I’m currently looking out onto a street full of election posters (mostly Labour, a couple of Lib Dem and a few Greens, if you’re interested – we wanted to put up a poster for the Suffragettes in our window, because we’re more or less opposite what used to be the Cambridge Women’s Liberation Group headquarters. A couple of hours ago, I was teaching in King’s (where they seem to be voting Labour) and discussing, among other things, the form and structure of Piers Plowman, a poem written in the second half of the fourteenth century.
The election posters and the medieval text (not to mention the Women’s Lib) have more in common than you might think. Piers locates itself slap bang in the middle of medieval debates about social order and unrest, about who should have what rights. It’s a political poem (as well as lots of other things), and a poem about disenfranchisement of all types. And the key symbol, in my view, both of these rights and of this problematic social order, is the poem’s image of a document, a pardon, granted by the Pope and delivered by Truth herself to Piers the Plowman.
This scene is a difficult one to interpret, and people disagree about what it means. Piers – who is supposedly a humble ploughman, an uneducated person – reads over the document, finding how each person is granted their rights under (divine) law. Just as he’s finished, a priest leans over his elbow and, patronizingly, declares that he will translate the text into English. Piers – for reasons unclear – is furious at his translation, and (breaking into perfect Latin to show he can read just fine, thank you very much), he tears the pardon to pieces, invalidating it.
The words used to describe what Piers does here – ‘pure tene’ in the Middle English – suggest utter fury, anger that’s absurd because it is coupled with such a petty at of destruction. The same words sprang to my mind when I came across this extract from a letter, written by the grandfather of Piers Plowman studies, Walter William Skeat, a Cambridge academic who edited the text in 1886. Writing to his colleague (and co-founder of Newnham College), he argues angrily against the suggestion that the women of that newly-founded college should be allowed to graduate with the degrees for which they were studying:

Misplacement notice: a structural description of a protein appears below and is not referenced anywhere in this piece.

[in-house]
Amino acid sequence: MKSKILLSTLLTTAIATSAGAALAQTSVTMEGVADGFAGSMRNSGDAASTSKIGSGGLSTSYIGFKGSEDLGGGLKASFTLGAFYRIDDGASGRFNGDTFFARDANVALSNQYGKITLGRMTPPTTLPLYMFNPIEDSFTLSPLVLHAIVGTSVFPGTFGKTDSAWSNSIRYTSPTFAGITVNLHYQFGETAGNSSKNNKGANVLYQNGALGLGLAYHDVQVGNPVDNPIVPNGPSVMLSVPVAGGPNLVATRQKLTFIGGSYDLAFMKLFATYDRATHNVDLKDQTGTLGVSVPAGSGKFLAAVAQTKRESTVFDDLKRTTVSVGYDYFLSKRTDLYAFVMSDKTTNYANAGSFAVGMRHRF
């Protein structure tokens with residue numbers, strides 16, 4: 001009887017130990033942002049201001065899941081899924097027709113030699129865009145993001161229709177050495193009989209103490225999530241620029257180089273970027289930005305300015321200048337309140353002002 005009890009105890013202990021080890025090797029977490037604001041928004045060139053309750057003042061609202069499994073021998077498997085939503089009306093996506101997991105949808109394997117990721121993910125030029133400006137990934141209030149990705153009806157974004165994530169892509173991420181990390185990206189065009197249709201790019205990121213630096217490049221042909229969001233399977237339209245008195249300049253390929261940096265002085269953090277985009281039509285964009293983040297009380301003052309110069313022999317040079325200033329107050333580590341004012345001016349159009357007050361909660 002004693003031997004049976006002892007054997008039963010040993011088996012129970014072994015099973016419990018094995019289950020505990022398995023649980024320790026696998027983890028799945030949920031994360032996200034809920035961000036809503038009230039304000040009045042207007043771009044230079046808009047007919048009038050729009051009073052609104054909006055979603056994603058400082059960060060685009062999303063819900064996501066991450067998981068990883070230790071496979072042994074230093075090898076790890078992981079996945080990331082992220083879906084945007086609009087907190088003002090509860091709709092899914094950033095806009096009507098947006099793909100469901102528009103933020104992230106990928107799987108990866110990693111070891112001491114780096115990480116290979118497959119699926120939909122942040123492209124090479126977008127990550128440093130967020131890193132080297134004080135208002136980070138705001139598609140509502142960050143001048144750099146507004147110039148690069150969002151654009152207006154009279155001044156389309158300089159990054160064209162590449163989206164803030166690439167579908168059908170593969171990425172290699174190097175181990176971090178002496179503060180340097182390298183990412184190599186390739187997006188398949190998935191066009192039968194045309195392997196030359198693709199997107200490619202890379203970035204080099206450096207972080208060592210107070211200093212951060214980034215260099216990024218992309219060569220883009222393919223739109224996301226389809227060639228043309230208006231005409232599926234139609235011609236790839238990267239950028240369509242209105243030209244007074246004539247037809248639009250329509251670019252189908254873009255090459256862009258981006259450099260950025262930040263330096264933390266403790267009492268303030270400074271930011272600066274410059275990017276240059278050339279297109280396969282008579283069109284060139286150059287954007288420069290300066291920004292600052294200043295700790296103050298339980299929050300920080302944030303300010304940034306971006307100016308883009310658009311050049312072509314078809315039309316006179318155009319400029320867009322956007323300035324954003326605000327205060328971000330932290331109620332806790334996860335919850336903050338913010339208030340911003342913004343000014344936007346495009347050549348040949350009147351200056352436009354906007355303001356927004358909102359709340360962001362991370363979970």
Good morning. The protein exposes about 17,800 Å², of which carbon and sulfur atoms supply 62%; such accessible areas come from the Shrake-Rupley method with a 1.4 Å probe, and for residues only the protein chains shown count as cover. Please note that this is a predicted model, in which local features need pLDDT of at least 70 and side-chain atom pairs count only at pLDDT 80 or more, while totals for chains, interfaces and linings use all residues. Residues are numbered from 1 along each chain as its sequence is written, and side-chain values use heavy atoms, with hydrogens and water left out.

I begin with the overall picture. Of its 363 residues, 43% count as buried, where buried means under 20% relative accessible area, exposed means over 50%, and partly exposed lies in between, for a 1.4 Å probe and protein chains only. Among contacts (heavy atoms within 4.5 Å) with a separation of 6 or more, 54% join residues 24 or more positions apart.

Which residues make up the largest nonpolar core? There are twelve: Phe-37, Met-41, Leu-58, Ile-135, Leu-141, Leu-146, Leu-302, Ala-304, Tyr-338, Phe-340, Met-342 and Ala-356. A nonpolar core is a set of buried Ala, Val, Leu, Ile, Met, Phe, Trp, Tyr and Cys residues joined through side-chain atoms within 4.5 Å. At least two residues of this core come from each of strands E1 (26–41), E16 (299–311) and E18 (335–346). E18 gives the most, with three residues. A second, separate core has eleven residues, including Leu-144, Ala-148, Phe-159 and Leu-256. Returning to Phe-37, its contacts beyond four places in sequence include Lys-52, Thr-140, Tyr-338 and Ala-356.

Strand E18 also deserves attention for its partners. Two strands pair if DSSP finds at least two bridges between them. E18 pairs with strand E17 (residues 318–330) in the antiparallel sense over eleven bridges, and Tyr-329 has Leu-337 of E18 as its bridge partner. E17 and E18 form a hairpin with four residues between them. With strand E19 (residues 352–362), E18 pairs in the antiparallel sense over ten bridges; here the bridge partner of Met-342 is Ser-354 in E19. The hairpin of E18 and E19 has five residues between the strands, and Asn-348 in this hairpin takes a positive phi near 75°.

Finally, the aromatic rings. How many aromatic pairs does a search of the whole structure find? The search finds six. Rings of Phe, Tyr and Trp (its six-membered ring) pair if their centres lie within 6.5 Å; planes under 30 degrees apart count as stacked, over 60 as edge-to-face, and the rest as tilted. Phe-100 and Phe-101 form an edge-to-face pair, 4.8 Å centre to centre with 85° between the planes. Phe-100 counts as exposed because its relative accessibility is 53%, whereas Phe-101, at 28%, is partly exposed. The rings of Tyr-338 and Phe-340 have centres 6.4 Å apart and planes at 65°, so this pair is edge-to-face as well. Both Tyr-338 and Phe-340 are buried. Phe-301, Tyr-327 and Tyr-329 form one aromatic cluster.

“If given the BA, they must next have the MA and that would carry with it voting and perhaps a place on the Electoral Roll … Even the BA would enable them to take five books out of the University Library, countersigned by ‘their tutor’. I am entirely opposed to the admission of women to ‘privileges of this character. And I honestly believe they are better off as they are.”
(Letter, June 1887, from W. W. Skeat to Henry Sidgwick, Newnham College Archives)
I adore the bonkers logic in this, which reveals a mixture of institutional self-importance (no, a MA – even a Cambridge MA – would not have ‘carried with it’ voting) and utter pettiness. Skeat is concerned about women voting, yes … after all, votes affect the running of the country … but what’s really nagging at him is the possibility of disorder, nay even the temporary alienation of actual books, in the hallowed corridors of the University Library. To a late-Victorian scholar, clearly, the one thing more annoying that finding an empty space on a library shelf, would be knowing that the book you wanted was bouncing around Cambridge in a bag on the back of a woman’s bike.
I’m mentioning this partly because I enjoy quoting Victorian misogynists getting their unmentionables in a twist over the liberation of women, and partly because I can entirely picture Skeat, in a fit of ‘pure tene’, scrunching up papers rather than letting the women of Newnham or Girton read them. But I also think that Skeat’s segue from serious political issues to petty objections about institutional library policies is depressingly representative of the kinds of obstructions people still do put in the way of changing things for the better.
If time travel is a possibility, there’s one person I really, really want to introduce to Professor Skeat:
A(nother) geek fact I found out while writing this, is that Hermione Granger’s much-mocked SPEW, which readers of popular culture more astute than I have speculated might be some kind of metaphor for feminist activism, shares its name with an actual example of feminist activism. In 1859, Jessie Boucherett founded the Society for Promoting the Employment of Women (SPEW), later the Society for Promoting the Training of Women. It still exists, and is now Futures for Women. I would love it if JKR knew this.